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Why Manchester United should avoid signing James Rodriguez

by Kaustubh Pandey

There is no doubt about it – Manchester United are in need of quality reinforcements on the back of another lacklustre campaign even if the Europa League victory might give Jose Mourinho‘s side a back-door route into the UEFA Champions League next year. Like the League Cup win over Southampton, cups are great for morale but should be seen as papering over some fairly significant cracks.

It is a truism but at Old Trafford success is only ever truly measured in two competitions – the Premier League and Champions League. That is the standard for the club since it was set 20 years ago by Sir Alex Ferguson. The temptation is always to apply the quick fix of a marquee signing, such as James Rodriguez, but United require subtler, deeper recruitment this summer if they are to get back to the top of the European game. Superstars capture the imagination but cohesive teams with real squad depth win the trophies that matter.

Sky Sports have reported that Manchester United have been offered the Colombian No.10, with his time at Real Madrid now realistically over. AS, in Spain, and Colombian sources also report that the Real Madrid misfit is ‘very close’ to donning United’s famous red jersey. Could he follow in the footsteps of Angel di Maria to Old Trafford?

Few would deny that Rodriguez is a top player, a man that can win games by force of will on his day. He almost single handedly dragged Colombia to the World Cup semi-final in 2014 and showed significant promise in cameos during his time at Real Madrid. This season he has scored or assisted a goal every 77 minutes for Real Madrid yet doubts persist that his all-round game is not up to the level that the best of teams require.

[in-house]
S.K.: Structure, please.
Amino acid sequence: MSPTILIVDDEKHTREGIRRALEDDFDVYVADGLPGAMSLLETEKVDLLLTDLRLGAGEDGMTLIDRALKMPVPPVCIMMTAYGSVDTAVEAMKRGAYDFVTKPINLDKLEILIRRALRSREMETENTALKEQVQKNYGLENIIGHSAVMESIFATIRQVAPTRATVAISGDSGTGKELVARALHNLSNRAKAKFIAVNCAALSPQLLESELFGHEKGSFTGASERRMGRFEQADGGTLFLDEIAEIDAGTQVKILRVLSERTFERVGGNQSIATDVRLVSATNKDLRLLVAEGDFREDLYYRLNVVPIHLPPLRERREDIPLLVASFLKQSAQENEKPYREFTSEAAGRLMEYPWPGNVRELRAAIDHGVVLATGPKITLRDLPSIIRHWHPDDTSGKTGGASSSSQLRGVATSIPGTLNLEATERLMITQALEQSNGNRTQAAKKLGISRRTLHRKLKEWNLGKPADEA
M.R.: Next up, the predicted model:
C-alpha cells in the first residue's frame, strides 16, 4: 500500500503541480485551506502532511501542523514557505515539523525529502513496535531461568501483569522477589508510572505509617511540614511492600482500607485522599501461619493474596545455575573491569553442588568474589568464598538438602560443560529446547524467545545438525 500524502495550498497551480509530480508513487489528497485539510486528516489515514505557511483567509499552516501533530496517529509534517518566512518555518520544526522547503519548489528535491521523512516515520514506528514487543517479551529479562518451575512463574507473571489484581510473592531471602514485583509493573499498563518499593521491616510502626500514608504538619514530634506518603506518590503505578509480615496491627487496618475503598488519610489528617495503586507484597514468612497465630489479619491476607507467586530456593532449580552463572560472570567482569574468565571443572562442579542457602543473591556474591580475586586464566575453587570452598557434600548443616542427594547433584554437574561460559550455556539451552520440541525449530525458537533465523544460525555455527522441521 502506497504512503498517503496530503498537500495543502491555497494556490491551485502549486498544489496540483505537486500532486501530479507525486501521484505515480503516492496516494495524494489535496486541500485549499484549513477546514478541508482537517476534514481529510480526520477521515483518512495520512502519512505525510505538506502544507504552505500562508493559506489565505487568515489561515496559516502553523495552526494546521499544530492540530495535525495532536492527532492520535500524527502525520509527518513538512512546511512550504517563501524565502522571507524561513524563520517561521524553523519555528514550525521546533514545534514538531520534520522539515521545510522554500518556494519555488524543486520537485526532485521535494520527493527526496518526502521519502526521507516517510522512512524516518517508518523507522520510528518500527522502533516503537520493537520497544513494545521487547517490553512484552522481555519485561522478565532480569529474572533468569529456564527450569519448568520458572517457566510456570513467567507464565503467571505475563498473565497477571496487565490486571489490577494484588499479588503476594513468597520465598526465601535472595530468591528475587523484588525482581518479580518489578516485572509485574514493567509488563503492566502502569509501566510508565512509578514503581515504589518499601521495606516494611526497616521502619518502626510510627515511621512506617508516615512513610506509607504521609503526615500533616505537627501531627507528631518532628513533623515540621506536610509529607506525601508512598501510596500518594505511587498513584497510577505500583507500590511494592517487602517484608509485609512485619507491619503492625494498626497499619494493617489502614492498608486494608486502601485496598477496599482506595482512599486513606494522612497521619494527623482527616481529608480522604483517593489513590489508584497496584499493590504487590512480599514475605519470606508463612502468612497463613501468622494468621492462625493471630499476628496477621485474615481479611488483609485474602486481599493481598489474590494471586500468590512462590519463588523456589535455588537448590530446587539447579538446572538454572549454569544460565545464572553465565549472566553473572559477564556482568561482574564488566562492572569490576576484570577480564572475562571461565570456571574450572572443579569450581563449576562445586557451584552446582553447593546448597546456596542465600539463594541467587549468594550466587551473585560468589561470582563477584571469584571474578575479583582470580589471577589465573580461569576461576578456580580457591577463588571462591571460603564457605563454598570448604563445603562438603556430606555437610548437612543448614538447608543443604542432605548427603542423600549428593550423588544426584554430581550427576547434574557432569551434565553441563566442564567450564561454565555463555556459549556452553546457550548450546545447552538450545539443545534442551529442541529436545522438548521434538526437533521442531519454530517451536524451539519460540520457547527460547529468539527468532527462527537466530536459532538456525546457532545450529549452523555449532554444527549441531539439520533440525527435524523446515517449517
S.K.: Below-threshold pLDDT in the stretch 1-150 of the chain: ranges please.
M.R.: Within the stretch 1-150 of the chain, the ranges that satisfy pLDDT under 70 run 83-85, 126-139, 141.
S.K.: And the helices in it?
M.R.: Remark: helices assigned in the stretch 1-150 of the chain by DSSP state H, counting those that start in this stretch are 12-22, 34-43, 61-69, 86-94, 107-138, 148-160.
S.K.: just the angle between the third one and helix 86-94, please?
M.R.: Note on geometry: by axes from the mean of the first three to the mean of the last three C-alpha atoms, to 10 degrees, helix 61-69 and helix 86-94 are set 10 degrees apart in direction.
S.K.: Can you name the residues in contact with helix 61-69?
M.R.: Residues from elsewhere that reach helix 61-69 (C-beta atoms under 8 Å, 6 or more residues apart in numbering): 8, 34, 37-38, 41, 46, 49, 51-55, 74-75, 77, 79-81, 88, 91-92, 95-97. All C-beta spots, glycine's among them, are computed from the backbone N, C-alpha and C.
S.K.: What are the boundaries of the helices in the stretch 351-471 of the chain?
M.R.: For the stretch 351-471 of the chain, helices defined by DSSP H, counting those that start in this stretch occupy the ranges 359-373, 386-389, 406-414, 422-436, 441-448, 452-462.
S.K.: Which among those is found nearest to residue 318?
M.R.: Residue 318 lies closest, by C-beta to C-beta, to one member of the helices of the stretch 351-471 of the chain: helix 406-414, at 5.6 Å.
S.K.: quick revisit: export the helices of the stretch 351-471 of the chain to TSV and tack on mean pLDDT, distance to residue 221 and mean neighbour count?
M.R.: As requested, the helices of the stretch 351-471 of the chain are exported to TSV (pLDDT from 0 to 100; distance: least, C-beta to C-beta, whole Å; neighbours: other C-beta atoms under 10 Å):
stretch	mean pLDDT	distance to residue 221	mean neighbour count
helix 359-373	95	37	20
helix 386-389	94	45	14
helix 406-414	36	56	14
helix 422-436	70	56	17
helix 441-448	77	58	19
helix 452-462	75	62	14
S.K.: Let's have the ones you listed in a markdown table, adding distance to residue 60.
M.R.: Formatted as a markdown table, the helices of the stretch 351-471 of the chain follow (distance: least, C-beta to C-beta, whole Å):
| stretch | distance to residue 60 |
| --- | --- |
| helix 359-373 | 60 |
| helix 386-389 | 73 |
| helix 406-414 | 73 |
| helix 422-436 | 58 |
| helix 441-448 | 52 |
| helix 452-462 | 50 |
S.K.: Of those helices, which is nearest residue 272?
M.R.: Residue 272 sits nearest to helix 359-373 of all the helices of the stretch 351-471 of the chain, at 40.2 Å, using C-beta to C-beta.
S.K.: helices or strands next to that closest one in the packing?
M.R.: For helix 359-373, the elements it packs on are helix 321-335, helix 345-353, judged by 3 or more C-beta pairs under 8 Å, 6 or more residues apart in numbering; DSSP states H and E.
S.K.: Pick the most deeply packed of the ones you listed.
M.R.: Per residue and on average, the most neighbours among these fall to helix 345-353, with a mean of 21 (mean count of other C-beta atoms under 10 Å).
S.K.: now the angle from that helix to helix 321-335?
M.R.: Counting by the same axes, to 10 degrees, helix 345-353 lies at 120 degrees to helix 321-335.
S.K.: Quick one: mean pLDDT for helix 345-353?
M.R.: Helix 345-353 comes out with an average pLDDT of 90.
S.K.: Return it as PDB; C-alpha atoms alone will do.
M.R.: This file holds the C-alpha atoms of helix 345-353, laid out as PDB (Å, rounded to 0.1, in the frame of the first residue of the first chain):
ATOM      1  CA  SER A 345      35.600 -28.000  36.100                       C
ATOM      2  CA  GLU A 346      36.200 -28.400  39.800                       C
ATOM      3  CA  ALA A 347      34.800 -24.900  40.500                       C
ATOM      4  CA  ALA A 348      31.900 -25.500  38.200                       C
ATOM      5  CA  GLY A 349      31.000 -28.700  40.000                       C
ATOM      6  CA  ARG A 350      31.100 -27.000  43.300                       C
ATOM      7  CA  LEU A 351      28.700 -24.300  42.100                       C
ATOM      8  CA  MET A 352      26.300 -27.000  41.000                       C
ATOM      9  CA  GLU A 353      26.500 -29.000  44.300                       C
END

It was a stellar World Cup in Brazil 2014 that forged James’ reputation rather than his exploits in France. He consistently appeared not to have settled in Monaco and a spot in the star Ligue 1 XI and the highest number of Ligue 1 assists in the season, both glossed over the fact that he could not inspire his team to a trophy. These accolades underlined that throughout his career his achievements (great goals, stunning assists) are best viewed through the prism of his personal showreel.

One can certainly argue that goals and assists are what attacking midfield players like James Rodriguez must provide. But doesn’t Jose Mourinho, in particular, demand more from his players than ability on the ball? There is an ominous precedent too in his predecessor Mesut Ozil at Real Madrid, under the current Man United boss. Would the Colombian similarly struggle to establish himself under Mourinho in Manchester?

Mesut Ozil and Di Maria were brought to Madrid after the duo impressed during the 2010 and 2014 World Cup’s respectively. Both undoubtedly are and were match-winners, players who could change the course of a games with one imperious flick of the left boot. Yet Mourinho made no distinction between the expectations he expressed for his workhorses, players likes Sami Khedira, Lassana Diarra and Xabi Alonso in the midfield, and his two key creatives. Against Barcelona, Mourinho’s negative instincts even extended to fielding the irascible central defender Pepe as a deep-sitting midfielder for additional defensive cover.